The totality of the discussion is distributed by understanding different elements such as race and education. However, it should also be noted that the data collected has often been regularly done for salaried individuals, and thus data in other forms of employment has been rarely forthcoming. At the same time, the analysis of this data wants to paint different pictures to both the public and the major stakeholders. The intention is often towards public relations rather than doing it for bettering the system itself. However, even with this “unclean” intention, it brings to attention the “victimization” element of lack of equity in the pay.
Comparable pay is something that the world is still going to struggle with. It will remain valid for a while as norms within the roles of each family change with time. Changing the perspective of what roles are played and by which family members add to the pressure and peel off the layers of problematic issues while also expanding the conversation in different ways and perspectives (Boll & Lagemann, 2019).
McCarthy’s (2021) article focuses on education about the gender pay gap and the impact it has all over the world. In a way, descriptive elements bring to attention the gender parity issues. It points to the different facets of the discussion and allows the reader to understand the target of this information. Using data from different world organizations, the paper allows for the discovery that can use variable data to explain the same phenomena, and categorizing the importance of that data is essential to recognizing change.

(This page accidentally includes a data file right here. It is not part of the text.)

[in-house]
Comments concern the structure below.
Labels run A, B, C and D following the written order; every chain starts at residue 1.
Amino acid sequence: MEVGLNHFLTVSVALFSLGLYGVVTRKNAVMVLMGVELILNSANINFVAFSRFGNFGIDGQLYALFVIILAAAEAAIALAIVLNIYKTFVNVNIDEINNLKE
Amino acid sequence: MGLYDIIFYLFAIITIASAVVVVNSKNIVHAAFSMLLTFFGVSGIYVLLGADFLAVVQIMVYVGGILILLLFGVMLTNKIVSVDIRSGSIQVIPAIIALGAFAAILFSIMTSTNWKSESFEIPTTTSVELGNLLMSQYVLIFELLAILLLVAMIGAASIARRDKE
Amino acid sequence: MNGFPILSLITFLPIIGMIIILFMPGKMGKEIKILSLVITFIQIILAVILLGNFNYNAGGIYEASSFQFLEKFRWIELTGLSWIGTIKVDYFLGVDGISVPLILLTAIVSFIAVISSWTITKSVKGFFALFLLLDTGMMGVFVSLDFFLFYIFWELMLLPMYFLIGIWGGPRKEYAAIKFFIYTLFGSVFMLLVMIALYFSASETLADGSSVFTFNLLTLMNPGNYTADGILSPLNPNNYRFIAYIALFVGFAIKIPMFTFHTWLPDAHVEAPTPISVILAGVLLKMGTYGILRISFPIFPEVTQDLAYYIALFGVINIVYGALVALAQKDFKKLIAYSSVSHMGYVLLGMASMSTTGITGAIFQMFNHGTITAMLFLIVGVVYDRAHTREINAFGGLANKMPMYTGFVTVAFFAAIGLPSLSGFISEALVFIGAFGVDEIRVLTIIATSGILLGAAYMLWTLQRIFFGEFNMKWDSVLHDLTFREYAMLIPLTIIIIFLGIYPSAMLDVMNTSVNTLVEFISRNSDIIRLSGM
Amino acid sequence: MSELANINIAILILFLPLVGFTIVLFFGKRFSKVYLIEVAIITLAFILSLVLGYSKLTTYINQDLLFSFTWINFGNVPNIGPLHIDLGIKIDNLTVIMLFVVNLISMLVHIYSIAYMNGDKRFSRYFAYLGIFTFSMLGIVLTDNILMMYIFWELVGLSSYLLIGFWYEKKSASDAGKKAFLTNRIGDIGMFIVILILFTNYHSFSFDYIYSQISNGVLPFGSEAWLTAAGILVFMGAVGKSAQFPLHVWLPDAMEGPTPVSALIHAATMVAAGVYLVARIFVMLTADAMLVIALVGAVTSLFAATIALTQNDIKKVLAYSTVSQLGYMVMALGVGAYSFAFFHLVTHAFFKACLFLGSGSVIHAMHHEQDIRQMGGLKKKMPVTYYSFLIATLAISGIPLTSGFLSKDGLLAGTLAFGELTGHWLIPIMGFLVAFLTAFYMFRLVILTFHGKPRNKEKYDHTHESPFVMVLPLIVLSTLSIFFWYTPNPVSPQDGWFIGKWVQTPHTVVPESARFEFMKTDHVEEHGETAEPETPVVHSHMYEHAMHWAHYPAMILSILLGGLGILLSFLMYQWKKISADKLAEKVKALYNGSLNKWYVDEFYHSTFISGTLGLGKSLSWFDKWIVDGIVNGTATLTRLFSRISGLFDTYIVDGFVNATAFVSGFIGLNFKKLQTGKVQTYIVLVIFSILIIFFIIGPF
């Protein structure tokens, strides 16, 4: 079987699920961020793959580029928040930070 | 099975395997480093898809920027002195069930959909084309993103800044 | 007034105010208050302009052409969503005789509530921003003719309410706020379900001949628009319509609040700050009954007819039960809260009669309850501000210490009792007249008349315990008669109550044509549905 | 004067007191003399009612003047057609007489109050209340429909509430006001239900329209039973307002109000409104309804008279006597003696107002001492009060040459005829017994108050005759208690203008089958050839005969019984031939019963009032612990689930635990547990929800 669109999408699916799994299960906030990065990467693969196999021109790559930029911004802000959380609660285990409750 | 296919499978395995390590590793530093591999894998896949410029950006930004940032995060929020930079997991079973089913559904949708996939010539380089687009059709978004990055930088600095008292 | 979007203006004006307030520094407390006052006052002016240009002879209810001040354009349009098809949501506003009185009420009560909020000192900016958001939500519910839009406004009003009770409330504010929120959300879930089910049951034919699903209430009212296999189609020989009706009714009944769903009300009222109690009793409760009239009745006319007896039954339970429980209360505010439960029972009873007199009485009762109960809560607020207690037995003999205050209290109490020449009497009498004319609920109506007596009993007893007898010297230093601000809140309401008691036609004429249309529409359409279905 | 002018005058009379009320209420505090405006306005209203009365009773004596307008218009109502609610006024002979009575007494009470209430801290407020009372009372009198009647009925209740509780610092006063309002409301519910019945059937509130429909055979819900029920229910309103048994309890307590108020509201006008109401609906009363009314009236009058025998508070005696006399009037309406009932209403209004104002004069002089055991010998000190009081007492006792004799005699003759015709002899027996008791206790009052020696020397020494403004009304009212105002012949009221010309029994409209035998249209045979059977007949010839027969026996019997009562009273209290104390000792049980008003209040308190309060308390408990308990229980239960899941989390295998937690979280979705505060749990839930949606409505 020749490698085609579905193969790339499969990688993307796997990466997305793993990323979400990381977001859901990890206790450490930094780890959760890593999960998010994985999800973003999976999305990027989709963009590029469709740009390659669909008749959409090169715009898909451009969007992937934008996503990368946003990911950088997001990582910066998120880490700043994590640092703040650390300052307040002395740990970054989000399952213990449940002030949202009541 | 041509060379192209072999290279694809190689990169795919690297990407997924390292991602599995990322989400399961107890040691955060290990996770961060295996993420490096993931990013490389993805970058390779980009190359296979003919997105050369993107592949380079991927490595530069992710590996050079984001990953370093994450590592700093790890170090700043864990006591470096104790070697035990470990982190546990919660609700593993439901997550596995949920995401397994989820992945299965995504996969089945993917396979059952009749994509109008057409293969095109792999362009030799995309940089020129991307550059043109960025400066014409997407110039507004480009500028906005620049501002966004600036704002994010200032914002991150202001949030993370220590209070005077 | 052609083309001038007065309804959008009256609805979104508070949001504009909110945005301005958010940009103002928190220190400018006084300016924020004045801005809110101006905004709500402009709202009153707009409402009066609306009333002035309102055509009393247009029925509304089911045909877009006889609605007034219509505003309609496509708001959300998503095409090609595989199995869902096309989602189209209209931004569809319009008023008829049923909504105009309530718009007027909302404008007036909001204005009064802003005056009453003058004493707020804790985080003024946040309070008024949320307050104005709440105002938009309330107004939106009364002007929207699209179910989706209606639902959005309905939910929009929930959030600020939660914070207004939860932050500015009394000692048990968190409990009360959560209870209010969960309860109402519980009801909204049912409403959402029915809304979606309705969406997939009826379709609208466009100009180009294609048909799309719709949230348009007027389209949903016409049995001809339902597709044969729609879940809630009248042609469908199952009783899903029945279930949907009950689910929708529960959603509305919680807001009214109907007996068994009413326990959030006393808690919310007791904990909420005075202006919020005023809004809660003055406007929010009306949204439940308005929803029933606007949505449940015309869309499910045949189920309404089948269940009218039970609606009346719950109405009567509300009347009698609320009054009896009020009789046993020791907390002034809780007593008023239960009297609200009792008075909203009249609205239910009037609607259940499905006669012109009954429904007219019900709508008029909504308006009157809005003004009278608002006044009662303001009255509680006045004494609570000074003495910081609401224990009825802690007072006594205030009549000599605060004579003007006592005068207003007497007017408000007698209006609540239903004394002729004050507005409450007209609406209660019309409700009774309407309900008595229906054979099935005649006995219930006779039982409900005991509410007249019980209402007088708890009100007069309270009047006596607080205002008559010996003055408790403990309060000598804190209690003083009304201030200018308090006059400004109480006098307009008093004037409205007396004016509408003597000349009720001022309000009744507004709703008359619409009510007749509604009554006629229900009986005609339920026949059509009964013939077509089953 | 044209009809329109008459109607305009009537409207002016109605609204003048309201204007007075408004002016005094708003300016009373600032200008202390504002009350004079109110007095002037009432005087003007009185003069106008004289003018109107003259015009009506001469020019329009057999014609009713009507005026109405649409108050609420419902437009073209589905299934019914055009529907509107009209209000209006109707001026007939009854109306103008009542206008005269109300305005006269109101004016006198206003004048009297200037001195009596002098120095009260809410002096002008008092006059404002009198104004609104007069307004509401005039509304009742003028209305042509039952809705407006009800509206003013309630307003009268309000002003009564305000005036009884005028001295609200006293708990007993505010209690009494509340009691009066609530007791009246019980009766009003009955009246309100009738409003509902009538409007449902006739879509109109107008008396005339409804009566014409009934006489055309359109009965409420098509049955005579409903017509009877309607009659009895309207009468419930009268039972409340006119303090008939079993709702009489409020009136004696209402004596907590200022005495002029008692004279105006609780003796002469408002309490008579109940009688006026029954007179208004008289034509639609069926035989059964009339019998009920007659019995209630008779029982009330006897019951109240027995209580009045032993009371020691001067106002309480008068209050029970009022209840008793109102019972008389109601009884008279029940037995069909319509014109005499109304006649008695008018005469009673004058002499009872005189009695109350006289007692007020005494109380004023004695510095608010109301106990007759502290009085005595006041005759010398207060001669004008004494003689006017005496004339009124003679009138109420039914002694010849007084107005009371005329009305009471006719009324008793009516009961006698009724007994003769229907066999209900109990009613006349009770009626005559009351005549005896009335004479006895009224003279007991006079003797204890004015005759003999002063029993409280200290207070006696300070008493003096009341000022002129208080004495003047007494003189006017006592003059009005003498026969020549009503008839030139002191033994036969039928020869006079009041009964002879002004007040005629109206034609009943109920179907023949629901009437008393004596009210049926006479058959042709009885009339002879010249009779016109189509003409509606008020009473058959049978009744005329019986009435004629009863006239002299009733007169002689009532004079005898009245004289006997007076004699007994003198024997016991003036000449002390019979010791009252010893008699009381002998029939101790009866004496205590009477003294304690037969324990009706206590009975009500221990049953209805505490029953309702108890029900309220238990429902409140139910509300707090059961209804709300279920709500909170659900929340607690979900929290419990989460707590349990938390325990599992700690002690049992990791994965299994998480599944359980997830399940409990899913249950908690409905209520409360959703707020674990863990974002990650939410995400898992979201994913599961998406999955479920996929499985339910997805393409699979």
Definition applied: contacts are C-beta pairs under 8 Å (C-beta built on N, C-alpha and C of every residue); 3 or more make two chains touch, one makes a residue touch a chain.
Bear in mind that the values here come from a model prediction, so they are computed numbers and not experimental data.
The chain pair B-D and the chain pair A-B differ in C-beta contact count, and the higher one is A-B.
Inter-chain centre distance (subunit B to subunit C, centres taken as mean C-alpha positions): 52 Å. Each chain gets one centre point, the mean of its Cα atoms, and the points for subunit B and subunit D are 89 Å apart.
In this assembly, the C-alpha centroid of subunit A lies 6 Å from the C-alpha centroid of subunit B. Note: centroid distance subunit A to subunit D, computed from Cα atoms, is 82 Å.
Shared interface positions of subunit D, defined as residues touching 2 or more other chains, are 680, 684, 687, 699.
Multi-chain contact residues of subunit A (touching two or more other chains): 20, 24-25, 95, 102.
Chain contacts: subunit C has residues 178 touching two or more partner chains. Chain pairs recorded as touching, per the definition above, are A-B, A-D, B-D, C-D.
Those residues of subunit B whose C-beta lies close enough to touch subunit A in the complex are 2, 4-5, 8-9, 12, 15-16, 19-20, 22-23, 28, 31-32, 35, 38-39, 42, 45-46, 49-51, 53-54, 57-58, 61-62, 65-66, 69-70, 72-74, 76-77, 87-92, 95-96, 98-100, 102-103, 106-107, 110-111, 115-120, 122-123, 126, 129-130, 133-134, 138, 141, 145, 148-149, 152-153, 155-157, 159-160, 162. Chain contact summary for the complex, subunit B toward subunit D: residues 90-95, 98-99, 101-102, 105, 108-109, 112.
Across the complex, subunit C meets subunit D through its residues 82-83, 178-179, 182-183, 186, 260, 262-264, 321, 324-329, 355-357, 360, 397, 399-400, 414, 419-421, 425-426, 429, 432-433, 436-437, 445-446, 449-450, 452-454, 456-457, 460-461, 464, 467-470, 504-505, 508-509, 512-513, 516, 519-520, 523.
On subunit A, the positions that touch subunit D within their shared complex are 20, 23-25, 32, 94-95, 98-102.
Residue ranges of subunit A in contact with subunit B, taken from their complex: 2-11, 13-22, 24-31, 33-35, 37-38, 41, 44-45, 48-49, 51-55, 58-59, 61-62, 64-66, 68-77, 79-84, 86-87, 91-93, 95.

On the other hand, Blundell (2020) looks at the discontinuity threshold that affects females at work and implies that pay for women is contractual and individual-based. It points to the fact that many women would accept pay lower than men, and within that, the fault is given to them. This implication cannot look at that gender pay from only one perspective. However, it allows for recognition that “exploitation” can be a factor taken into account when the conversation is brought up. Recognizing that can take advantage of women within the systems should be valued within gender pay gap solutions. Just like Boll & Lagemann (2019), it is noted that the universality of the problem is based on patriarchic society and thus recognizes that other factors that are culturally centered facilitated the degree of the problem from one locality to another.